Getting Your Financial Ducks In A Row Rotating Header Image

Social Security Survivor Benefits

survivor by tipiroThe Social Security system has provisions for taking care of surviving spouses of workers who have earned credits under the system.  There are two particular benefits that you should be aware of – a small death benefit of $255, and  Survivor Benefits based upon the worker’s Primary Insurance Amount.  It is the latter benefit that we are discussing today.

Social Security Survivor Benefits

When a primary wage earner dies, the Social Security system has a way to help care for the surviving spouse.  Survivor Benefits are generally equal to the primary wage earner’s retirement benefit – this benefit replaces other spousal retirement benefit (the one that is equal to 50% of the primary wage earner’s benefit, available while the primary wage earner is living – see here for more detail).

The mechanics of the Social Security Survivor Benefit can apply to widows or widowers at various ages, depending upon the circumstances, as well as to the children and/or parents of the primary worker.  We’ll cover each sort of individual in turn…

Widows and Widowers

When the primary wage earner dies, the surviving spouse is entitled to receive a retirement benefit based on the primary wage earner’s retirement benefit.  Of course, if the surviving spouse’s retirement benefit based upon his or her own record is equal to or more than the deceased spouse’s benefit, the surviving spouse will continue to receive only his or her own retirement benefit.

If the surviving spouse elects to begin receiving survivor benefits before Full Retirement Age (FRA), the benefit is subject to actuarial reduction.  Since a surviving spouse is eligible to begin receiving early benefits at age 60 (instead of age 62 for regular or spousal benefits), the “usual” age table is adjusted by 2 years.  Whereas FRA for regular or spousal benefits for those born between 1943 and 1954 is age 66, FRA for a survivor benefit is 66 for those born between 1945 and 1956.  (See this article for the FRA ages for retirement benefits and this article actuarial adjustments.  Adjust the ages and years by 2 for Survivor Benefit.)  If the surviving spouse is disabled, early benefits may be received any time after age 50, with the actuarial reduction assuming benefits begin at age 60 (no further reduction, in other words).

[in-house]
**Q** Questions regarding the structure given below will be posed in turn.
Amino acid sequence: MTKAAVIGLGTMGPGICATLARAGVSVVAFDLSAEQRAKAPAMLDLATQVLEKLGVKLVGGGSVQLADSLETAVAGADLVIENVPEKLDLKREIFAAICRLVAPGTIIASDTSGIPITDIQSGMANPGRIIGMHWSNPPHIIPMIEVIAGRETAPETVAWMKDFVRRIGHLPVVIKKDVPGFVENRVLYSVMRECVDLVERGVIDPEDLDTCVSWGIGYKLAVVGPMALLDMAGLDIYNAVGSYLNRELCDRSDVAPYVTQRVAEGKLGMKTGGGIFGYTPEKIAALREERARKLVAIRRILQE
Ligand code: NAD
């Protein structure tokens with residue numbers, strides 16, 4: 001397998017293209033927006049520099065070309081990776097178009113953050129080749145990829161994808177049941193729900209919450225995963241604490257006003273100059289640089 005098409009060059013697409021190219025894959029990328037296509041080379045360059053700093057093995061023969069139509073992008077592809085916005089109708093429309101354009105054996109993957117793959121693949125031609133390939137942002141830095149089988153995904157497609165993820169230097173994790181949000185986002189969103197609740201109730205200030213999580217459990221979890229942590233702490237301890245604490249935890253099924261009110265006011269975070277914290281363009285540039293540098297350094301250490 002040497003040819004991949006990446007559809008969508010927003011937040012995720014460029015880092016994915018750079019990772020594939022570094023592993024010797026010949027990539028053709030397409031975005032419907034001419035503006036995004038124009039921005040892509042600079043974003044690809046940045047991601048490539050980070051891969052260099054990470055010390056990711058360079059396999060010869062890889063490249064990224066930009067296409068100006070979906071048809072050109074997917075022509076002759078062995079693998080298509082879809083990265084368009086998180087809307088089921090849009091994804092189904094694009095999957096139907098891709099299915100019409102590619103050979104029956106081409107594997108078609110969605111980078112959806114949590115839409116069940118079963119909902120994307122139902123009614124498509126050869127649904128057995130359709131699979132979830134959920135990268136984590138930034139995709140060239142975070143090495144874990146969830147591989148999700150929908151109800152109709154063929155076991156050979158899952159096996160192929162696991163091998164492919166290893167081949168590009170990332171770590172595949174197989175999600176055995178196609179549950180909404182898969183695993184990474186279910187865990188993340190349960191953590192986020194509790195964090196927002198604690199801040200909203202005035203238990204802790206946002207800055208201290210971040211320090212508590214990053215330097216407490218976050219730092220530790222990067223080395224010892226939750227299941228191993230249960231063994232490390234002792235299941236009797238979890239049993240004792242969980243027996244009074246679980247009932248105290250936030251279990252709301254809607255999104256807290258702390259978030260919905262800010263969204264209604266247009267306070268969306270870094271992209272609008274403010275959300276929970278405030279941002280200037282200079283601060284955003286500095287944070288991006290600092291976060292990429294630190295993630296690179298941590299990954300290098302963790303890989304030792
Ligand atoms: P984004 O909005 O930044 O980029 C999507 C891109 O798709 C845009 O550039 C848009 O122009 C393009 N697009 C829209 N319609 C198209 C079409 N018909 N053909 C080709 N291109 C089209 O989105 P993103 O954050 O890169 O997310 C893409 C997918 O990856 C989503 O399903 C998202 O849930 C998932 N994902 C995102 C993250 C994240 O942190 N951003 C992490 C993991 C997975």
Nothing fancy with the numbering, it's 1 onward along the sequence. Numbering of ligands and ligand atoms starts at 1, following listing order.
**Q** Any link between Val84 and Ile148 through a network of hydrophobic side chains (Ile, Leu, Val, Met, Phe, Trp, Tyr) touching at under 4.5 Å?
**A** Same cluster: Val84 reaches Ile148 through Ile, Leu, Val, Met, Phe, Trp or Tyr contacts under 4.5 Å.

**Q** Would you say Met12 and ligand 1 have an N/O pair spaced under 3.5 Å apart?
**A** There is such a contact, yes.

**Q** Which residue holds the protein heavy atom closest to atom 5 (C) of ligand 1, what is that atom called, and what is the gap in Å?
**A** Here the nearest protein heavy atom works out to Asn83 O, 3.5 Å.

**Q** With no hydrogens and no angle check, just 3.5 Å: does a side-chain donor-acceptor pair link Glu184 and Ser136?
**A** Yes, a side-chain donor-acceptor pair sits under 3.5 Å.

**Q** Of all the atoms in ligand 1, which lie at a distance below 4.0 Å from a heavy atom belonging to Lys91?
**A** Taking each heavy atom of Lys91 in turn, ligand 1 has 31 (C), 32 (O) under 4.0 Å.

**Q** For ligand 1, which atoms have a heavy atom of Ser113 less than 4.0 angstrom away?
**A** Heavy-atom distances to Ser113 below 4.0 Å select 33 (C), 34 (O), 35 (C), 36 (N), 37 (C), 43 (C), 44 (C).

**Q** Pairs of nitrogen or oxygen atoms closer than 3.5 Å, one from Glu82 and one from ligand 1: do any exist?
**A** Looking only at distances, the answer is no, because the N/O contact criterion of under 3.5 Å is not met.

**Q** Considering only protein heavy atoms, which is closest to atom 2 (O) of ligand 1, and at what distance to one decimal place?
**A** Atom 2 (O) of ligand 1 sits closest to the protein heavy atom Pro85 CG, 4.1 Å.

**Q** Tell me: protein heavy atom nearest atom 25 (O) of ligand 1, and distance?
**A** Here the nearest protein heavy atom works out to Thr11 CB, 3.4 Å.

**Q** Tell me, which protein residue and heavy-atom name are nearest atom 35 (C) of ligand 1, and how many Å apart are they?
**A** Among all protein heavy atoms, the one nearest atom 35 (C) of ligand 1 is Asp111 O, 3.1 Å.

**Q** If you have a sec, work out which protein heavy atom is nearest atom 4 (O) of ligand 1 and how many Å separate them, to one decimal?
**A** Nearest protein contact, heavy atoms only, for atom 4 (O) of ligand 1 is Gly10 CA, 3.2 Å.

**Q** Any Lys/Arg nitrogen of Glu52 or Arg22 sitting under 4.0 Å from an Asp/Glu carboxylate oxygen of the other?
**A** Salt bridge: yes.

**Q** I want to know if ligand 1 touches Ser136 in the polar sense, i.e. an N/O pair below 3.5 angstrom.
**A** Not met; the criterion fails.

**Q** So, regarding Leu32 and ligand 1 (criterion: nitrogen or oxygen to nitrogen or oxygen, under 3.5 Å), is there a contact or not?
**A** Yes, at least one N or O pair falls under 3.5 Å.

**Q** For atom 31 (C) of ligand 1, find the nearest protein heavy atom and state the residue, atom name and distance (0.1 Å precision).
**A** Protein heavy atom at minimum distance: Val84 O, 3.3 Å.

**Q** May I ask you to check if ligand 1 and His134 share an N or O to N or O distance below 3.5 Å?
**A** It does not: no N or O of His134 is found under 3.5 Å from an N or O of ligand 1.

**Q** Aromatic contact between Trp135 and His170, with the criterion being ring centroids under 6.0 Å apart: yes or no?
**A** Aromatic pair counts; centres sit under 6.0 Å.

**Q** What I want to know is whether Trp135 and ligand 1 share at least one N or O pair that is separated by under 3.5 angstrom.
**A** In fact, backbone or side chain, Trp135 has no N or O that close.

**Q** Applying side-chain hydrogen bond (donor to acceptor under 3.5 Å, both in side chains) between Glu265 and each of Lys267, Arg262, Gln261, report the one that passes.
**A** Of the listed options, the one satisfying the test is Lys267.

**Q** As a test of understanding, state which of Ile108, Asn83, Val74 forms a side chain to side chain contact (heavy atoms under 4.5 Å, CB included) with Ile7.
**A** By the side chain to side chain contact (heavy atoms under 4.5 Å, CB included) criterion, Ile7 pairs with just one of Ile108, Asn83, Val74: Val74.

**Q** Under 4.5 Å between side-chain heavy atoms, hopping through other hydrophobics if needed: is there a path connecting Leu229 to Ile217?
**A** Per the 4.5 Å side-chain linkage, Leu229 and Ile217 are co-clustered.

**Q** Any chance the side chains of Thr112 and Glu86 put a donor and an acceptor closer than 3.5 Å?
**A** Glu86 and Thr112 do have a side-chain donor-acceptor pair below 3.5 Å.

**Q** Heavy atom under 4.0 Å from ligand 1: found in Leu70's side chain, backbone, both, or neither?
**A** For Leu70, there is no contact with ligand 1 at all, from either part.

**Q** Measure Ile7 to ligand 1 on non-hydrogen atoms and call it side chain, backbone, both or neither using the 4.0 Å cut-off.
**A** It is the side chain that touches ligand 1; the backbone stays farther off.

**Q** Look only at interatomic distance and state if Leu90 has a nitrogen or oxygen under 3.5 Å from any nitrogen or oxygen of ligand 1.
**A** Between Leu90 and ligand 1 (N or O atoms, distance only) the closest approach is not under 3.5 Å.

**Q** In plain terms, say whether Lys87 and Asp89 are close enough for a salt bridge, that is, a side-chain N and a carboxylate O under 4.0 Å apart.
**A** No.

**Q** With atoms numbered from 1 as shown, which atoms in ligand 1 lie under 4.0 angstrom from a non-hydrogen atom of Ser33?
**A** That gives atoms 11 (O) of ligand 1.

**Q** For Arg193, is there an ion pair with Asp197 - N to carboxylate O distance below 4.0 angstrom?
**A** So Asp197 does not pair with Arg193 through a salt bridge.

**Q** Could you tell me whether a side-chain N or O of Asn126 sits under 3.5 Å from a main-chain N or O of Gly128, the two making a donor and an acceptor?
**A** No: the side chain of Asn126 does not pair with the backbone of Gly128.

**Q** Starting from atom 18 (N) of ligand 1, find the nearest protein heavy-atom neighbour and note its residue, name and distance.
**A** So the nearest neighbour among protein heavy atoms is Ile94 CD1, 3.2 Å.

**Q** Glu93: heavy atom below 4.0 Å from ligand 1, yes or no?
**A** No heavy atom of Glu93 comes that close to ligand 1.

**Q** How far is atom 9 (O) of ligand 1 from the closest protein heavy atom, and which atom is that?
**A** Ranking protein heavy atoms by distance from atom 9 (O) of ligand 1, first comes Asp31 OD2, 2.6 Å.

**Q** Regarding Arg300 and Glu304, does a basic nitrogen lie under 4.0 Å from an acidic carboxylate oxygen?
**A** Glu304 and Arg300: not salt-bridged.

In addition to the benefit mentioned above, there is a Survivor Benefit available to a younger spouse if there are children under age 16 that the surviving spouse is caring for, or a child of any age who has become disabled before age 22.  This Survivor Benefit is equal to 75% of the FRA benefit (the PIA, Primary Insurance Amount) of the deceased spouse – and only lasts until the child reaches age 16.  At the same time, each child under age 18 is eligible for a Survivor Benefit (more on this later) until age 18.

There is no increase from delaying receipt of the survivor benefit after FRA, so a widow or widower should begin receiving Survivor Benefits at FRA if eligible. It should also be noted that divorced spouses who survive a deceased worker are also eligible for the Survivor Benefit, as long as the marriage lasted at least 10 years before the divorce.


Any child under age 18 (19 if attending high school) who survives a deceased eligible worker is eligible to receive a Survivor Benefit equal based on the PIA of the deceased parent.  This amount is 75% of the PIA of the surviving child’s parent, and this benefit will be payable until the child reaches age 18 (or 19). If the surviving child is disabled and the disability onset before age 22, there is no upper age limit for receipt of the child’s survivor benefit.

In addition to the offspring of the deceased worker, this benefit can be available to step-children, grandchildren, step-grandchildren, or adopted children of the deceased worker, if the deceased worker provided 1/2 or more support to the child.

Surviving Parents Over Age 62

In the event that the deceased worker had provided more than 1/2 of the support of one or more older parents (over age 62), the surviving parents are eligible to receive a Survivor Benefit as well.  This Survivor Benefit is based on the age of the surviving parent, and actuarial reductions apply to these benefits if received before FRA of the survivor.

Family Maximum

For the whole family of the deceased wage earner, that is, surviving children under 18, spouse and parents, there is a maximum benefit amount that applies – equal to between 150% and 180% of the deceased worker’s PIA (the calculation is complicated, using the bend point formulas).  The Social Security website has a calculator to help you understand this amount.

Bear in mind that any Survivor Benefit received by a surviving divorced spouse to not count toward this family maximum.


  1. Admin says:

    Jim, your information is dead-on here. Thx! It would also be helpful, because SS benefits are complicated, if you could explain how people can check for and apply for these benefits.

    1. jblankenship says:

      Thank you – and you’re right, we don’t have any articles specifically on applying for and checking status of benefits. I’ll add one soon!


Get involved!

Discover more from Getting Your Financial Ducks In A Row

Subscribe now to keep reading and get access to the full archive.

Continue reading